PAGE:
Onion & Mustard Gravy for Sausages
serves 4 (but it's so delicious you might want it to serve 2)
2 large or 3 smaller onions, sliced thinly into rings
50g butter (just under 1/2 stick)
300ml chicken stock
100ml white wine
2 tsp wholegrain mustard
1 tsp Worcestershire sauce
pepper & salt, if needed
Melt the butter in a medium saucepan over low heat. Add onions and cook, stirring occasionally, until soft, from 1/2 to 1 hour (the longer the better). Try to keep them from colouring. About 15 minutes before you're ready to eat, turn up the heat to medium high and, when the pan is hot, add the wine. Allow it to sizzle and reduce in volume for 5 minutes, then add the stock, mustard, and Worcestershire sauce. Bring to a low boil and then reduce heat and simmer for 10 minutes. Taste for seasoning - you probably won't need to add salt. Serve hot.
To prepare crushed Jersey Royals: don't peel them, but do scrub them gently to remove any flaking skin. Halve larger potatoes, keep smaller ones intact. Cook in already boiling water for 10-15 minutes, testing with the point of a knife to check for tenderness inside the largest pieces. Drain. Crush lightly with a fork, then return to the hot pan with a knob of butter and some salt and pepper. Mix gently until the butter is melted, then serve.
To grill (broil) sausages: I love sausages baked and fried (and of course barbecued), but grilling is healthier and fast and can be just as delicious. I prick the sausages lightly once or twice and par-boil them for 5-10 minutes, then remove them from the water and prick them again on both sides. I sit them on a tray in the grill (broiler) pan and let the fat run underneath, where it's caught in aluminium foil and easy to clean up. The par-boiling keeps the interior plump and juicy and means you need only grill long enough at a medium heat to brown but not shrivel the skin, about 10 minutes.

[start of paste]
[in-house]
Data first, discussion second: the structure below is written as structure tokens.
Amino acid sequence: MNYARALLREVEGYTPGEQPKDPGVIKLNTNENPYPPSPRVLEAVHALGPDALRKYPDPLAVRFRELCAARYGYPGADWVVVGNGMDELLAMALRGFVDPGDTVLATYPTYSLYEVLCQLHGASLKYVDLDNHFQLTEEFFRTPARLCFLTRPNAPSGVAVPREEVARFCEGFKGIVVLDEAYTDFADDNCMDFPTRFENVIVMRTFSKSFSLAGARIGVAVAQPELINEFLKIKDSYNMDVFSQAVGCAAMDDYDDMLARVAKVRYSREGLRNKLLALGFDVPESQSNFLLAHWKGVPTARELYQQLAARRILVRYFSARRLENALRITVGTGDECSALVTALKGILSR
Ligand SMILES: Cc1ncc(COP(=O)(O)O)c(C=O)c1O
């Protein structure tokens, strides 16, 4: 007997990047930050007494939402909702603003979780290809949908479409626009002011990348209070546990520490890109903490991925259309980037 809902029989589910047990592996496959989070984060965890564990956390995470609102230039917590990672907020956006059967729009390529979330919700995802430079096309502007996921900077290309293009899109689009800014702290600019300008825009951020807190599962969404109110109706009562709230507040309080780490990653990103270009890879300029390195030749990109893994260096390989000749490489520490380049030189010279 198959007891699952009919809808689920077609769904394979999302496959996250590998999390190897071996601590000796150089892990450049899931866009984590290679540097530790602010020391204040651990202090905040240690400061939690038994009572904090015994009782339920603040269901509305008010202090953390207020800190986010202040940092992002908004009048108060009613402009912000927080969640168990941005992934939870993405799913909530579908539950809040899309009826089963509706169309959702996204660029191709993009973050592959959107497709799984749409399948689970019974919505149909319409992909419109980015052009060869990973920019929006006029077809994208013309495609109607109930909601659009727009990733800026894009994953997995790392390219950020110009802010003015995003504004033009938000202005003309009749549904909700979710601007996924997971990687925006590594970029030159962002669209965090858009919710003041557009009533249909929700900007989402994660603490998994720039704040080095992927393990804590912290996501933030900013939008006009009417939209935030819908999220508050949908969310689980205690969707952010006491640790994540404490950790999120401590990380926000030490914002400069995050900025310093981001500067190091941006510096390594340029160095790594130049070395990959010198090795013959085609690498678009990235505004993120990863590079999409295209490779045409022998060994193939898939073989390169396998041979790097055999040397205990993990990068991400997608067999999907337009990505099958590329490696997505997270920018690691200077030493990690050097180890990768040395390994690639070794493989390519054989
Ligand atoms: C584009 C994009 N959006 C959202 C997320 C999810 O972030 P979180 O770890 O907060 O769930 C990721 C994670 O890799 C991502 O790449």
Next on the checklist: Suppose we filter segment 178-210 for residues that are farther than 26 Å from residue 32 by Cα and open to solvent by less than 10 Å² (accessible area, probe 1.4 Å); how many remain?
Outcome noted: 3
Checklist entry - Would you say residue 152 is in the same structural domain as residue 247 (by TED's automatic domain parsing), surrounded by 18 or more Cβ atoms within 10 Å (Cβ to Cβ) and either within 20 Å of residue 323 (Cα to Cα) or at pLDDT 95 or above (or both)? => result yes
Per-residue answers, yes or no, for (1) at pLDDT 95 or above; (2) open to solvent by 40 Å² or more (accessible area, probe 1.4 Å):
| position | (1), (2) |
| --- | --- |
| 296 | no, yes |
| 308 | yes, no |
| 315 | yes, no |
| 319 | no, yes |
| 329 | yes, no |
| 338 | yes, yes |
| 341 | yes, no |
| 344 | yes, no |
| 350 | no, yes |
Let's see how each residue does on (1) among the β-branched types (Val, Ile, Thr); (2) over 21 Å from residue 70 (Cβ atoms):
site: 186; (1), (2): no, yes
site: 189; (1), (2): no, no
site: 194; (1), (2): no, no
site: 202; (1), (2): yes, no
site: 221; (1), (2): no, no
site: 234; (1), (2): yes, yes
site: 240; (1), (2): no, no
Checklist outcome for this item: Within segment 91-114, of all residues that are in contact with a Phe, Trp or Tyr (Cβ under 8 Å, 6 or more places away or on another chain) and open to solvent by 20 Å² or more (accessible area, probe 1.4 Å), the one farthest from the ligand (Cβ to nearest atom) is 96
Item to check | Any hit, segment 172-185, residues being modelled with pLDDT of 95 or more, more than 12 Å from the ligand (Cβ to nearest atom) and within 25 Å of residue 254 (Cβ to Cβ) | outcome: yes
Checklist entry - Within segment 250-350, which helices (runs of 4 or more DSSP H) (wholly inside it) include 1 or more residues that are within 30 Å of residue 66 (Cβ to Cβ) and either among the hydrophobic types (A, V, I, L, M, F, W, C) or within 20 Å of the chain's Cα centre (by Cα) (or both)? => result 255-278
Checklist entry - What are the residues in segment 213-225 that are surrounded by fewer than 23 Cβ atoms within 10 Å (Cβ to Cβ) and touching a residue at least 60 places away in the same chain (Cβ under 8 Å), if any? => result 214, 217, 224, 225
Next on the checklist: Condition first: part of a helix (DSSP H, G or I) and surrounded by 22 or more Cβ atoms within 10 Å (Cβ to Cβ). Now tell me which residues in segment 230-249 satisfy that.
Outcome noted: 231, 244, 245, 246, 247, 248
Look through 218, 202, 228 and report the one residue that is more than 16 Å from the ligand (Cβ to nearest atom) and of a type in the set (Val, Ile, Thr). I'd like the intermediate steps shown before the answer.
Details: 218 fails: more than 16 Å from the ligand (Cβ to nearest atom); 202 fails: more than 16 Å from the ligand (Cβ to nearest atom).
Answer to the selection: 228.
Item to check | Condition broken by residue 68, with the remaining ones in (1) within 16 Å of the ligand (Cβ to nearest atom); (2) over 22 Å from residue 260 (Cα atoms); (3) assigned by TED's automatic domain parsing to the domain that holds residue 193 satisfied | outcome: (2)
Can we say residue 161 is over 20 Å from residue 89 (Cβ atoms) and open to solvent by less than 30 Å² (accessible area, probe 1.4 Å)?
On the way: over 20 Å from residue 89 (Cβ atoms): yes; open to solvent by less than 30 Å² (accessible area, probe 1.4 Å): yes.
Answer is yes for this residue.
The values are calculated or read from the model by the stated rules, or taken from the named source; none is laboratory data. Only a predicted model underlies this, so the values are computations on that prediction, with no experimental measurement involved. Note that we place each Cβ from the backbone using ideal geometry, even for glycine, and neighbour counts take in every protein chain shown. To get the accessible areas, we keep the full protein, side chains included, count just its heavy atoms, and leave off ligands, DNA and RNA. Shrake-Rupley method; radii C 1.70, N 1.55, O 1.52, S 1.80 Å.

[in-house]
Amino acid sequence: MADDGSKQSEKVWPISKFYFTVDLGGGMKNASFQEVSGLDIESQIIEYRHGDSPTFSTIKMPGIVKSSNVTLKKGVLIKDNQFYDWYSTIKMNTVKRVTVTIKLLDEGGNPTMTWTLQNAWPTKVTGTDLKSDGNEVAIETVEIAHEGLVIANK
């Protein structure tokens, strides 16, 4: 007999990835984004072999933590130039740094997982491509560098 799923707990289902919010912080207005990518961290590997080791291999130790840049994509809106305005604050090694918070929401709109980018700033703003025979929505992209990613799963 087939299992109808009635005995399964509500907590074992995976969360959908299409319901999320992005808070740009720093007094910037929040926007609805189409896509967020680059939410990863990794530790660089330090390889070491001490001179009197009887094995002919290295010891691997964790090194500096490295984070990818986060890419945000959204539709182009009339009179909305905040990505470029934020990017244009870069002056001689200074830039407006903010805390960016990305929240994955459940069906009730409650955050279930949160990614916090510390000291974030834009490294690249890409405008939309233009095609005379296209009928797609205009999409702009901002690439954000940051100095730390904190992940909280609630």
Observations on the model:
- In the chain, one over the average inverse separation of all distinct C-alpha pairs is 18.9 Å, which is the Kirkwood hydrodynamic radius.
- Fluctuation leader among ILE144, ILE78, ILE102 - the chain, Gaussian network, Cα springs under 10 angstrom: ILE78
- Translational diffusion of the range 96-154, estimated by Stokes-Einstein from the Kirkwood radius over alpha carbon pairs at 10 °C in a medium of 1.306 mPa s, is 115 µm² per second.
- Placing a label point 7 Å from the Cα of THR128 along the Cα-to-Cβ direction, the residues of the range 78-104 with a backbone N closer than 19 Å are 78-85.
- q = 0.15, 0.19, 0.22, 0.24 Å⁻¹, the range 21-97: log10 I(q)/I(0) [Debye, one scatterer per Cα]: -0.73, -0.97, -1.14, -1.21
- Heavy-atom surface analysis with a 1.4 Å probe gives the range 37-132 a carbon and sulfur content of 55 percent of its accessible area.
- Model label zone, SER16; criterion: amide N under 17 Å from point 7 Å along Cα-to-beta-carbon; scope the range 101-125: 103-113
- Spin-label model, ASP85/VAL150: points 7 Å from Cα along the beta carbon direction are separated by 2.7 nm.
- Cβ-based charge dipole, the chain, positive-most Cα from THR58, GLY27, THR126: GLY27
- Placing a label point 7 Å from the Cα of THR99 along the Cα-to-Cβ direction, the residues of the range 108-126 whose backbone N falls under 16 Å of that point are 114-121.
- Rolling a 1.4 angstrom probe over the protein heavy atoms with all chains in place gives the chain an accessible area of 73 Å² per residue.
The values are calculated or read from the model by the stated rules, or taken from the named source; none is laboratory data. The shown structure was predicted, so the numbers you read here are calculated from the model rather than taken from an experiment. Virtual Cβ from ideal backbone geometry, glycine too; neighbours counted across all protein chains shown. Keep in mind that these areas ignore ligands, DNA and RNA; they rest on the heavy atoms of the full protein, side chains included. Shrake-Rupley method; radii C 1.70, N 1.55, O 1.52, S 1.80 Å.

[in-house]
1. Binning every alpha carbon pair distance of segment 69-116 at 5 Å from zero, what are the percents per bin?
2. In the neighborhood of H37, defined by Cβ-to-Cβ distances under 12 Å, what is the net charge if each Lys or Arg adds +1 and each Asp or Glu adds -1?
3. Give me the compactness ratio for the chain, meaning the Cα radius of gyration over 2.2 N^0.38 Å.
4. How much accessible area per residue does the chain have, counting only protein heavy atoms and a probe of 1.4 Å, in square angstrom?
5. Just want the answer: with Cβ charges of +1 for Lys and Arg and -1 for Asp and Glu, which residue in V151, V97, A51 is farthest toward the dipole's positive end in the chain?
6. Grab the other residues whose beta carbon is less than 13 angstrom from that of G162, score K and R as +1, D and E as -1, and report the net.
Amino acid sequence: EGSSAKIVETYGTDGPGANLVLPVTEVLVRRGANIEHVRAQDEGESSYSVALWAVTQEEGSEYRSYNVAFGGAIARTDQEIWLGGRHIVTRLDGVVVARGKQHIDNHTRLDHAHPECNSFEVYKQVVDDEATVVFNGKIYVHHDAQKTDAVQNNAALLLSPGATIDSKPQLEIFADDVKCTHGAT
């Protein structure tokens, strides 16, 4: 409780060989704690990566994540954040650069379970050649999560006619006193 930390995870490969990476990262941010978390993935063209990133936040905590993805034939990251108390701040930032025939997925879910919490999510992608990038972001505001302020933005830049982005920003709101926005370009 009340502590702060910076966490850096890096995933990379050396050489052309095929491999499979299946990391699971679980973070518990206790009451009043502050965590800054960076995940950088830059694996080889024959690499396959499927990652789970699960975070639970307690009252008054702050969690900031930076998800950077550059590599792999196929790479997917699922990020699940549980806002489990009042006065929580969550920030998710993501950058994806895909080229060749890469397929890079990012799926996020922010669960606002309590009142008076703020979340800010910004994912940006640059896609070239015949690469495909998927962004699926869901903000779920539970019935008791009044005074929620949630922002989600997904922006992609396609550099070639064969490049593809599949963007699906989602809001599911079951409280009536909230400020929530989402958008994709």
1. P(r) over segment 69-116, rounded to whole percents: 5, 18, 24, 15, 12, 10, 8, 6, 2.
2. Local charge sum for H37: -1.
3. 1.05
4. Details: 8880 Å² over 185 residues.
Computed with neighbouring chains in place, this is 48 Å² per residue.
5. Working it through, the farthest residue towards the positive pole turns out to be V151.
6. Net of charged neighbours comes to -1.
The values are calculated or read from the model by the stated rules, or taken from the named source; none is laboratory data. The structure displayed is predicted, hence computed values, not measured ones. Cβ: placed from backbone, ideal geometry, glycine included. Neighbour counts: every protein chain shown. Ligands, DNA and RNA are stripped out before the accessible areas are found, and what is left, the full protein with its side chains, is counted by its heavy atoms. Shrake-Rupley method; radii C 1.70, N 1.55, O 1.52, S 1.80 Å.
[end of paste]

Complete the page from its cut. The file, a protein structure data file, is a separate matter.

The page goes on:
June 10, 2009
The last thing I cooked in my New Hampshire kitchen before leaving it forever: Nigella Lawson's white chocolate blondies. She uses macadamia nuts, but I used pecans because that's what I had left in my cupboard. There's more to recommend the pecans than my moving-house expediency, however. I like both nut combinations; the pecans, softer than macadamias and a little sweet, complement the fudgy white chocolate really well.
I'm in England now, spending the summer in the Lake District, with strawberries growing in my garden and food to plan for hikes and picnics and road trips to Scotland, among other adventures. Oh, these hills! This place is almost ludicrously lovely.
White Chocolate & Pecan Blondies
adapted from Nigella Lawson, How to be a Domestic Goddess
125 g unsalted butter (this will be just over 1 stick)
250g white chocolate, cut into chunks, or small chips